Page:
Early In my solo sailing experience the autopilot failed. It was the control head in the cockpit. I learned two things from that experience. Raymarine repairs took months (I waited three months for “my turn” in line, then the technician declared .the control head broken in 5 minutes) and that the control head, computer, and drive unit needed to be matched for them to work. I realized that I should call Raymarine technical support for advice. I spoke to the technician. He told me that it sounded like the clutch needed to be rebuilt and that it would be repaired for a flat fee of $575 and that it would be about a one week turnaround. This sounded a lot better than $2,000. The problem of course is that I am in the Virgin Islands. Shipping the unit to New Hampshire, paying for a marina for a month, and the cost of shipping it back would cost more than a new unit even at inflated Virgin Island prices. That assumes that the proper sub-model of drive unit were here and could be installed. Fat chance of that. The problem with world cruising: once you are away from your home base repairs and parts can get very expensive. The shipping costs to repair the watermaker were in excess of 400 Euros. “Overnight” packages take weeks to move around and get thru customs. It was not an appealing solution.

Since I had used the Monitor wind steering to cross the Atlantic twice I decided to set it up so that we could use it to sail to the Bahamas. Andy and I sorted everything out and were ready to go when a wave of thunderstorms decided to work its way across the area. We were both tired from the night before. We decided to get a long rest and leave early tomorrow morning. That will give us a full day of daylight to sort out the vane. Hopefully it will all work out fine.

Fair winds and following seas,


Silent Sailing


Many people believe that sailing if quiet. It is anything but.


Last night we were about 100 NM north of the Dominican Republic on our way from the British Virgin Islands. Most of the time we have been sailing at night the moon has been out. In fact when we departed the BVI not only was the moon rising before sunset but it was full. Last night (26 May) I was sitting in the cockpit at sunset. The moon had not risen and all of a sudden it was pitch dark. as only the middle of the ocean can be. Andy came up and commented that she could not see a thing.


For some reason I was reminded of the first time I sailed Reboot at night. My ex-wife, my ex-stepdaughter, and her friend accompanied me from Milwaukee across Lake Michigan. We departed in the late evening so that we would arrive on the Michigan shore after sunrise.  After a few hours the women all went to bed leaving me alone in the cockpit. I soon became aware of all the sounds: the wind in the rigging, the waves slapping against the hull, the dingy bouncing behind the boat; the various blocks and sheets stretching and relaxing as Reboot rolled in the waves. All in all there is a lot of noise! It was unexpected and added to my general nervousness of my first big “offshore: venture.”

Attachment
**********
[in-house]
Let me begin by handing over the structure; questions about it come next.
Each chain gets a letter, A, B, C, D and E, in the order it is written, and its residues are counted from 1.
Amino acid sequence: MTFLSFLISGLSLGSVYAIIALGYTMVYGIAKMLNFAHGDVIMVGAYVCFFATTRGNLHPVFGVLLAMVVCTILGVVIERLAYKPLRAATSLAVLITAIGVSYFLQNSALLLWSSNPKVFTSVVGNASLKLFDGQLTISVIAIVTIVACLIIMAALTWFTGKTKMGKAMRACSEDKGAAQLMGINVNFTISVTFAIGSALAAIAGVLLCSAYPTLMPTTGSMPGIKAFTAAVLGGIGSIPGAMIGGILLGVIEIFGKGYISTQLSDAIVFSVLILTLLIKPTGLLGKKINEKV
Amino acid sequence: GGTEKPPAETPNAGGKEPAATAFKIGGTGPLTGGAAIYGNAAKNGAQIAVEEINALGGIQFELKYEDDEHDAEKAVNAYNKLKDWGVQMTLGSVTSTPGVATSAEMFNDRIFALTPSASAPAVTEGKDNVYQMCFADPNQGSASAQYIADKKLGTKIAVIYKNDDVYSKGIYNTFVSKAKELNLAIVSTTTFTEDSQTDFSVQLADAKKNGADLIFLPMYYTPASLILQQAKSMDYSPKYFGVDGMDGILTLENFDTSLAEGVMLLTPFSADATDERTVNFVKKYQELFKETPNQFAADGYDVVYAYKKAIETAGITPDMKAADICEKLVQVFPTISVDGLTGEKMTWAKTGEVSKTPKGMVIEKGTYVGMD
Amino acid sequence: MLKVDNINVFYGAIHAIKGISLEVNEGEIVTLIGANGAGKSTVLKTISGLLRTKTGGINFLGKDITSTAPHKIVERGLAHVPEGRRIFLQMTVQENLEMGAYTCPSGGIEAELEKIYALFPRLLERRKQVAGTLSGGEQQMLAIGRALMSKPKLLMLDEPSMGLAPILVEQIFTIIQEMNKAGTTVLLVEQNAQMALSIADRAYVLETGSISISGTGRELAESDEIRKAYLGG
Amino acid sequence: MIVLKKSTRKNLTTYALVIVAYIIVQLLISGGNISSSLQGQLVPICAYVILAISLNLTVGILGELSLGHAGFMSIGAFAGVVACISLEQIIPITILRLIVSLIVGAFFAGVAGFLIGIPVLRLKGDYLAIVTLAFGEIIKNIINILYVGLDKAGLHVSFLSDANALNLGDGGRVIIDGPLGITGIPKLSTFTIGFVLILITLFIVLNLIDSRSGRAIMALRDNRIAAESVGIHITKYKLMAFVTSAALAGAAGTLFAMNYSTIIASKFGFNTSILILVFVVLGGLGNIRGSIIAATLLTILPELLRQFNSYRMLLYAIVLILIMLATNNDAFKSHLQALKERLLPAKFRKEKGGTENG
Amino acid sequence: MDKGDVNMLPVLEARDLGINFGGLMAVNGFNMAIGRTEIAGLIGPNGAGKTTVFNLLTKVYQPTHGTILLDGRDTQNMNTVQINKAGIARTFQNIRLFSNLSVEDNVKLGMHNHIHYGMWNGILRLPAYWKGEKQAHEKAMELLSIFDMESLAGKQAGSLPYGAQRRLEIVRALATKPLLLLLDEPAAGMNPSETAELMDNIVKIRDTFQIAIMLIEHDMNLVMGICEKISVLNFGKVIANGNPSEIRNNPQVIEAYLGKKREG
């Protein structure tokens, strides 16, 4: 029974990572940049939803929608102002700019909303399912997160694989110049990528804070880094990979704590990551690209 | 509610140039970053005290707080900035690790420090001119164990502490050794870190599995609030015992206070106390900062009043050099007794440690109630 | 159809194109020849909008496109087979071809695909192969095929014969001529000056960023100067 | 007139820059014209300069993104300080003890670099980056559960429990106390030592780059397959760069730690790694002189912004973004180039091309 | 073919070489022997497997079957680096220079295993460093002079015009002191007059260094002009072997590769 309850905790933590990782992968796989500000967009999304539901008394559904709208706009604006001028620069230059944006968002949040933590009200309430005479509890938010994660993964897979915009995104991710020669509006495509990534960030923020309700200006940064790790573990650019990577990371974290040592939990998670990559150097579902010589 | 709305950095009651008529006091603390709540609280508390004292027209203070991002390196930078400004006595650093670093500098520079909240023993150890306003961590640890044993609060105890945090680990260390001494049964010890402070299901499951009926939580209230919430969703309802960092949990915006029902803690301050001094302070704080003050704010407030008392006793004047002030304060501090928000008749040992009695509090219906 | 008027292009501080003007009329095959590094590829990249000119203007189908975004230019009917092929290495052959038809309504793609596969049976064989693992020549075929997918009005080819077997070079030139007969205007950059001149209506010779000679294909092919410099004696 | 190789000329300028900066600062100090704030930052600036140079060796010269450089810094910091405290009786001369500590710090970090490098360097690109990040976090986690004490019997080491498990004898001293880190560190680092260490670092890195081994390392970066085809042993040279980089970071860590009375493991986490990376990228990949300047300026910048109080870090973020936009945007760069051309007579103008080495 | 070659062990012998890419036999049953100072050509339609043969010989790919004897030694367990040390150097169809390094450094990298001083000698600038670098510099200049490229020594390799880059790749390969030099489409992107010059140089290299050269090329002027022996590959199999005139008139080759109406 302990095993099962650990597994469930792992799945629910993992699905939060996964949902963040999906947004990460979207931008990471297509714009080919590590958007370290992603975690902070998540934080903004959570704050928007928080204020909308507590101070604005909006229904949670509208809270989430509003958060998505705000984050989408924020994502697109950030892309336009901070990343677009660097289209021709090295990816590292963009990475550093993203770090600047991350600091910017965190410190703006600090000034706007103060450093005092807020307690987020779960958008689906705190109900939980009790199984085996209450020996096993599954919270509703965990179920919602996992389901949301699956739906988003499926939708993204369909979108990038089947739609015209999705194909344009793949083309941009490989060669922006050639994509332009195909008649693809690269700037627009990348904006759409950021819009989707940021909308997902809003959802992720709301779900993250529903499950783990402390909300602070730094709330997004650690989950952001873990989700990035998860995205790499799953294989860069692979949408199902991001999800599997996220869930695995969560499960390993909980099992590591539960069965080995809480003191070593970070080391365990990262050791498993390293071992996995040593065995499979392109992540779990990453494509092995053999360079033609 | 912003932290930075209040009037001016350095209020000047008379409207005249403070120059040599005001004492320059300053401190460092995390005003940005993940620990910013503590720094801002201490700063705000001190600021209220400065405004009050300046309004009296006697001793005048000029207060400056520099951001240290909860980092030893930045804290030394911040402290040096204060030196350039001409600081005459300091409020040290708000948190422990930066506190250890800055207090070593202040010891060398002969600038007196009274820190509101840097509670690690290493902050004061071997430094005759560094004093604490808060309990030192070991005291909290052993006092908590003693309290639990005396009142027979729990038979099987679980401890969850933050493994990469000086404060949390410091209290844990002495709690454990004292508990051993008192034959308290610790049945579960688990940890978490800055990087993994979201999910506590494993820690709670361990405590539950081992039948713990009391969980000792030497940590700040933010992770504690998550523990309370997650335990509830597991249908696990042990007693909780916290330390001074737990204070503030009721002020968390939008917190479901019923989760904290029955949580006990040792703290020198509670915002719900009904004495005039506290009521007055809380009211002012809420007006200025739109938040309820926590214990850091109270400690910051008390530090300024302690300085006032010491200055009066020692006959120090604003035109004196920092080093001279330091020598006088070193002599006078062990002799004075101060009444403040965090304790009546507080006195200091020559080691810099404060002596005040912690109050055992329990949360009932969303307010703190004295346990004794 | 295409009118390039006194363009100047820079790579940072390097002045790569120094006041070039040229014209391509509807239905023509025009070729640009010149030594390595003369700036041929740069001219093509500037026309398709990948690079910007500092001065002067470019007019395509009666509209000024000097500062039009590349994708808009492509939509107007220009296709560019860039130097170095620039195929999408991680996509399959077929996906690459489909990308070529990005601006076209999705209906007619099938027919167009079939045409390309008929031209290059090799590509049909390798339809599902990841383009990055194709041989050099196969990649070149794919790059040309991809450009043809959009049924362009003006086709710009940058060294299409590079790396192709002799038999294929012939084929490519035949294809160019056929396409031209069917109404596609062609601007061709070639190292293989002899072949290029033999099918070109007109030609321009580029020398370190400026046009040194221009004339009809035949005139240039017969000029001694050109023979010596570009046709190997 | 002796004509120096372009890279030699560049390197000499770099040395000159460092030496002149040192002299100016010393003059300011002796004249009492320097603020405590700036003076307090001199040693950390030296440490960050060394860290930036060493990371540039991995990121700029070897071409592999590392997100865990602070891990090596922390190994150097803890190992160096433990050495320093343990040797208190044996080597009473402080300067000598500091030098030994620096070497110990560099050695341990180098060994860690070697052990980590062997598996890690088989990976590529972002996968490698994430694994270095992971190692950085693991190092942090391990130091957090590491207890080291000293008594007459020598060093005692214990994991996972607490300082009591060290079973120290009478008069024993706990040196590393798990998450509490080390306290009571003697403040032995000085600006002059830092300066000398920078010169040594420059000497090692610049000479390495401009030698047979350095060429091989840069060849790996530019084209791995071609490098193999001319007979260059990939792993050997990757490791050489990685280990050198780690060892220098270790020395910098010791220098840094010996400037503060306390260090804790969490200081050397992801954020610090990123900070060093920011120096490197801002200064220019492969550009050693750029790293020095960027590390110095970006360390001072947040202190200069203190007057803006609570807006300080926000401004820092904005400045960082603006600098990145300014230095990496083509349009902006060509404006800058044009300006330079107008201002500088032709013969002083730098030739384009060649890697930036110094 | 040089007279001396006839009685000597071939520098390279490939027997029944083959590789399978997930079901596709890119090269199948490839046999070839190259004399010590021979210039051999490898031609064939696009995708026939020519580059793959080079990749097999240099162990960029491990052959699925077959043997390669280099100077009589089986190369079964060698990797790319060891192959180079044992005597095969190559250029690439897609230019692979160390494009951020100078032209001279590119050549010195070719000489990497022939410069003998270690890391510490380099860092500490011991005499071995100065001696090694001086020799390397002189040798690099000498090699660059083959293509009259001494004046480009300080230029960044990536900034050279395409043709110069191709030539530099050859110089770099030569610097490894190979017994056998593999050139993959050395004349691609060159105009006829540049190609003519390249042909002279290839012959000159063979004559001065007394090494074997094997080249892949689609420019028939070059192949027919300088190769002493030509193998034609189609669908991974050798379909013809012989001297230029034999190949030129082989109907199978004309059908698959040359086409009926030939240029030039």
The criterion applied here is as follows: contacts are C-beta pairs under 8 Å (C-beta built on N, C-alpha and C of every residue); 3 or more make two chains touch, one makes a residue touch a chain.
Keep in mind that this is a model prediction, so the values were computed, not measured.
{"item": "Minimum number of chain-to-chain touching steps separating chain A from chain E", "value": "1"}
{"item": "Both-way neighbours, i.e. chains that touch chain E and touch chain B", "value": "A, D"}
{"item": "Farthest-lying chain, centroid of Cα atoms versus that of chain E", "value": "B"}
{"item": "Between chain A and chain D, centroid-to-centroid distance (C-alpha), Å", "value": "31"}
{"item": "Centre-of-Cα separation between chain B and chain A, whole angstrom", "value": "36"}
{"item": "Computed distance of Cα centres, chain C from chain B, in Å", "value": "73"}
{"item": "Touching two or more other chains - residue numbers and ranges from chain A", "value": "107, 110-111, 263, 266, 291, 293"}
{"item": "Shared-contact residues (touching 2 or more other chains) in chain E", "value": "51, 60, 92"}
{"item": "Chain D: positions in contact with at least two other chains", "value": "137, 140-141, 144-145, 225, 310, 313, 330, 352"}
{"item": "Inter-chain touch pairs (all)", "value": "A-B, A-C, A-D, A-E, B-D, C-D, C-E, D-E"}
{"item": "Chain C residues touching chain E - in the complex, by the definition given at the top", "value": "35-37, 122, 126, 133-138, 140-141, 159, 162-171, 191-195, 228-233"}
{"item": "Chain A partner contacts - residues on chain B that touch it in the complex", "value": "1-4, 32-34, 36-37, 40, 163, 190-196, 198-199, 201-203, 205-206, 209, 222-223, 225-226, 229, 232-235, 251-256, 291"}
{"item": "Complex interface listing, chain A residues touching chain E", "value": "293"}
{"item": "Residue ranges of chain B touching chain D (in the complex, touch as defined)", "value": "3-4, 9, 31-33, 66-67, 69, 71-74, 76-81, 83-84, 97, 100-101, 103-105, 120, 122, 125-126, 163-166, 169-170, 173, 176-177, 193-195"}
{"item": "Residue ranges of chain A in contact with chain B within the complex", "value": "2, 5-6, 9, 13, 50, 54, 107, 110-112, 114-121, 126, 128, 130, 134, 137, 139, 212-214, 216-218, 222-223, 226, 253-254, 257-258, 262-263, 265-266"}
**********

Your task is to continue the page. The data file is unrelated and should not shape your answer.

Fair winds and following seas.




Andy got to see her first at sea dolphins today. They came up and played with the bow wave for about 3 minutes. We didn’t get the camera out in time.


Fair winds and following seas.


Two lessons (33452Z May 31, 2913)


Lesson 1

When I was a young man I remember reading the phrase “amputation with a dull spoon is possible, it is just very slow and very messy.”  Wind steering with an improperly adjusted Monitor vane is possible, it just doesn’t hold  a course very well. We have had almost continuous rain for the past 35 hours wth gusty and changing winds. Since the Monitor keeps Reboot at a constant wind angle I was under the impression that we kept heading up because the wind shifted. Tonight I realized thet the direction was not changing, just the intensity. This led to the conclusion that there was a problem with the adjustment of the vane. Now I hate to do anything at night – I prefer the light of morning\.  We were sailing so poorly that I decided to give it a shot, After several attempts I finally dit on the correct combination – all of a sudden we were heading on the desired course independent of the wind speed. Since we were trying to head almost directly down wind the (*heat went down, the motor cooled down and that’s when I heard that highway sound”) ride became much better and the strain on the rig and the sails was greatly reduced. So lesson 1 is: Make sure the vane and a telltale attached to the boat are both pointing in exactly the same direction. Turn the wheel until the boat is maintaining the desired course. Then engage the wheel. What I was doing was misaligning the vane to steering wheel connection. Getting it correct makes a huge difference.

Lesson 2

I have been sitting in the salon most of the last couple of days because of the rain. About every 10 minutes I stick my head up and do a visual scan. I am comfortable with this as Reboot has both Radar and AIS – both of which have proximity alarms. I found that I was having a great deal of trouble staying awake. I finally realized that with e everything battened down for the rain that the cabin air was stale. I cracked two of the hatches and my difficulty staying awake was greatly reduced.. Yes I am tired as I write this, it is the middle of  the night. But not near as tired as I was in the stuffy cabin.

Fair winds and following seas (that at the moment are running 10 to 12 feet!_